Building » Roby – St Aloysius

Roby – St Aloysius

Twig Lane, Roby, Liverpool 36

F. X. Velarde is a significant twentieth-century church architect and St Aloysius is an assured design in his stripped-down modern Romanesque style. Many of the original furnishings survive.

The parish was erected in 1934 to serve a new housing estate, and a temporary church built at a cost of £2,200. A presbytery (1935, extended in 1952)  and schools followed.  Plans for the laying of the foundation stone for a larger, more permanent church on 10 September 1939 were shelved on account of the outbreak of war, and the foundation stone for the present building was laid exactly ten years later, on 10 September 1949. The church was opened on 23 April 1952. The final cost was £70,000.

The church was reordered in 1992 by the Vis Williams Partnership.


A large red brick church in modern Romanesque style, with concrete windows surrounds and blue pantile roof coverings. The plan comprises a central west tower with flanking vestibules, aisleless nave and short sanctuary. The austere west tower has a central round-arched stone doorway, with a tall small-paned round-headed concrete window over and a statue of St Aloysius above the window; above again are three rectangular belfry openings on each face and no parapet. Set back on either side of the tower are two-storey vestibule and stair lobbies with lean-to tiled roofs. Their west faces are blind apart from one small round window at ground floor level; the return elevation has a single round-headed concrete window. Flanking the lobbies are the single-storey ends of the low aisles. The body of the nave rises higher than the vestibules, with six long concrete windows on each side set flat with the walls and a plain parapet concealing the roof-verge.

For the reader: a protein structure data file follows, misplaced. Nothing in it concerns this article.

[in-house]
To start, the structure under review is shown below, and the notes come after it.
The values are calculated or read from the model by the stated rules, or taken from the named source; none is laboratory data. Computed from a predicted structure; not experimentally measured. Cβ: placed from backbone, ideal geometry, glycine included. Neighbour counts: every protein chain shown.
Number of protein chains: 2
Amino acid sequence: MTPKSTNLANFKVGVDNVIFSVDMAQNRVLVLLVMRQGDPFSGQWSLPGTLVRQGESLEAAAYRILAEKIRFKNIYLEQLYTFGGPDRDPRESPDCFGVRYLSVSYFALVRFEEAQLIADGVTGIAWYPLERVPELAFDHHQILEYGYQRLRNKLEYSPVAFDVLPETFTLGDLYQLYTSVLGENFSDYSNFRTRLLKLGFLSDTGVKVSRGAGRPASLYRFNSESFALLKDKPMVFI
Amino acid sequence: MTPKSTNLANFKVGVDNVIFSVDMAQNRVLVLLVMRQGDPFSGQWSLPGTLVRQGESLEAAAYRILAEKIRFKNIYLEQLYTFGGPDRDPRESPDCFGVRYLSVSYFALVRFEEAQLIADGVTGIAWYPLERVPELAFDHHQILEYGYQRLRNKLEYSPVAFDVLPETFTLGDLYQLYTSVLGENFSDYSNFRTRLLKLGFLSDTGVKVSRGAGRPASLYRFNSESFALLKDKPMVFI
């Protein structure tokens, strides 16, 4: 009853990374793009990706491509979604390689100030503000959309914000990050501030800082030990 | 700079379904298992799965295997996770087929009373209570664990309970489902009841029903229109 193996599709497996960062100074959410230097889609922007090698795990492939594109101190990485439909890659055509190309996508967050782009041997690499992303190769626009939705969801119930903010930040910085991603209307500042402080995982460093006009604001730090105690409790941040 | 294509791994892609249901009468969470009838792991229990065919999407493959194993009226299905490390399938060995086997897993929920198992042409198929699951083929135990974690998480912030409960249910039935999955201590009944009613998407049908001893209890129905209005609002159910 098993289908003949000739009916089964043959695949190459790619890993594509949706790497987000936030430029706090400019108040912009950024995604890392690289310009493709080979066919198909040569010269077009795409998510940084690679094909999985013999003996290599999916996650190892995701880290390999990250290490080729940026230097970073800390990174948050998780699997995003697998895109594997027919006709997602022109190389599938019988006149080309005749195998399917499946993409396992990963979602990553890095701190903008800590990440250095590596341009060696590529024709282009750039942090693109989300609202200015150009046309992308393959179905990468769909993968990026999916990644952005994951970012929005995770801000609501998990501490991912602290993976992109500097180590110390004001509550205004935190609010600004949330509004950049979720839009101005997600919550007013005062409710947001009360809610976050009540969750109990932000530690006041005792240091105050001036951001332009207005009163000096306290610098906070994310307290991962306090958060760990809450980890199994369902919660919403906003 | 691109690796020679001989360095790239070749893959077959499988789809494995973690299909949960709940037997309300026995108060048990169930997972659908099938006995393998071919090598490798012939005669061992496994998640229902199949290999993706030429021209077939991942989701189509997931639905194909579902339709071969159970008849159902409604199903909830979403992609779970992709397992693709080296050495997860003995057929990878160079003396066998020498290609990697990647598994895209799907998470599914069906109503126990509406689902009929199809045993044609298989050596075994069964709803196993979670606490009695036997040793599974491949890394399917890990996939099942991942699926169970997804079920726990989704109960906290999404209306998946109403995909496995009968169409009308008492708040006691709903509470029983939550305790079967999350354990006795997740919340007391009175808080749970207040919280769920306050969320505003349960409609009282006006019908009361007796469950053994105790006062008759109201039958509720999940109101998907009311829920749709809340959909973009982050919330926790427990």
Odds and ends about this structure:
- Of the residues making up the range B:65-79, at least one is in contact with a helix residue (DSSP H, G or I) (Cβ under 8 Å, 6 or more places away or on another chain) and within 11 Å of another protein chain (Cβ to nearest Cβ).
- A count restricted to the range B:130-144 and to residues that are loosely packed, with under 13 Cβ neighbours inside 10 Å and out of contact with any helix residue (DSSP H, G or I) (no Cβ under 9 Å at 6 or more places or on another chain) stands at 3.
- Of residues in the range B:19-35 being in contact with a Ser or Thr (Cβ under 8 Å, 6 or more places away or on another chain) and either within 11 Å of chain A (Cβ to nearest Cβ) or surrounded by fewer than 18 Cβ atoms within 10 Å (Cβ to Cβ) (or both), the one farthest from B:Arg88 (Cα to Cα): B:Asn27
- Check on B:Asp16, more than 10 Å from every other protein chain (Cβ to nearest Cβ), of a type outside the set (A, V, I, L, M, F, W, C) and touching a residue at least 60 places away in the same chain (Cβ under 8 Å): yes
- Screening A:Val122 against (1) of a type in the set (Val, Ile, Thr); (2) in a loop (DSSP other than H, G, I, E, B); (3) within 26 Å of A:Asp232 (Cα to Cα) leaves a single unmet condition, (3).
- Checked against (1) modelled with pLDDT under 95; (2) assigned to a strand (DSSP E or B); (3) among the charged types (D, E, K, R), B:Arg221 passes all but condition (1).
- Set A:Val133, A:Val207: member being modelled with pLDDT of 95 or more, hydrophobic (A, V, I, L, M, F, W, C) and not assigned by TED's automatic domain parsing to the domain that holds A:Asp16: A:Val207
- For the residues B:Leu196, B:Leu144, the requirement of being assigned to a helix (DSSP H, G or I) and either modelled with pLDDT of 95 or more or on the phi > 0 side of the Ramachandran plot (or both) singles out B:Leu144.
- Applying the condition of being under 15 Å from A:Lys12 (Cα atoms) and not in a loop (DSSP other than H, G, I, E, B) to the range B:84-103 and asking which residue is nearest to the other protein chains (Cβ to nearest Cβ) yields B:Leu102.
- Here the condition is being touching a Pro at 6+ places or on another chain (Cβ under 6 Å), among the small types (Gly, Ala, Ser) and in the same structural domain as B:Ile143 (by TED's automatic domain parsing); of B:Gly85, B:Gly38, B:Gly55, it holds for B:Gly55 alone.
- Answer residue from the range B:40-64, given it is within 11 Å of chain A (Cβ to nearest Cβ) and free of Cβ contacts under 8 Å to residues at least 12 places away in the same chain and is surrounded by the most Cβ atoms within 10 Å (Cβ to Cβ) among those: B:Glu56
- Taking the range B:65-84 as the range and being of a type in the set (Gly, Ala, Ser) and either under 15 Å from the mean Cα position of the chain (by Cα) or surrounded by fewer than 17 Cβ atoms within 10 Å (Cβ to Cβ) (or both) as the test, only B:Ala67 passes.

The interior is a wide space spanned by concrete parabolic arches supporting a pitched rafter-roof whose rafters are visible. Below the six windows on either side are low semi-circular arches to the passage aisles and confessionals. At the west end the tower space opens into the church by a tall round arch with a balcony, evidently intended as an organ loft. At the east end, the short sanctuary is lit by three windows on each side and has a tall open arched recess in the east wall.

In 1992 a nave altar was introduced in front of the communion rails and the floor was carpeted. However, most of the original furnishings remain. They include the stone high altar with its curving canopy set into the eastern arched recess, the astylar marble communion rail, the stone drum font and the original benches.

Entry amended by AHP 11.01.2021

Heritage Details

Architect: F. X. Velarde

Original Date: 1952

Conservation Area: No

Listed Grade: Not Listed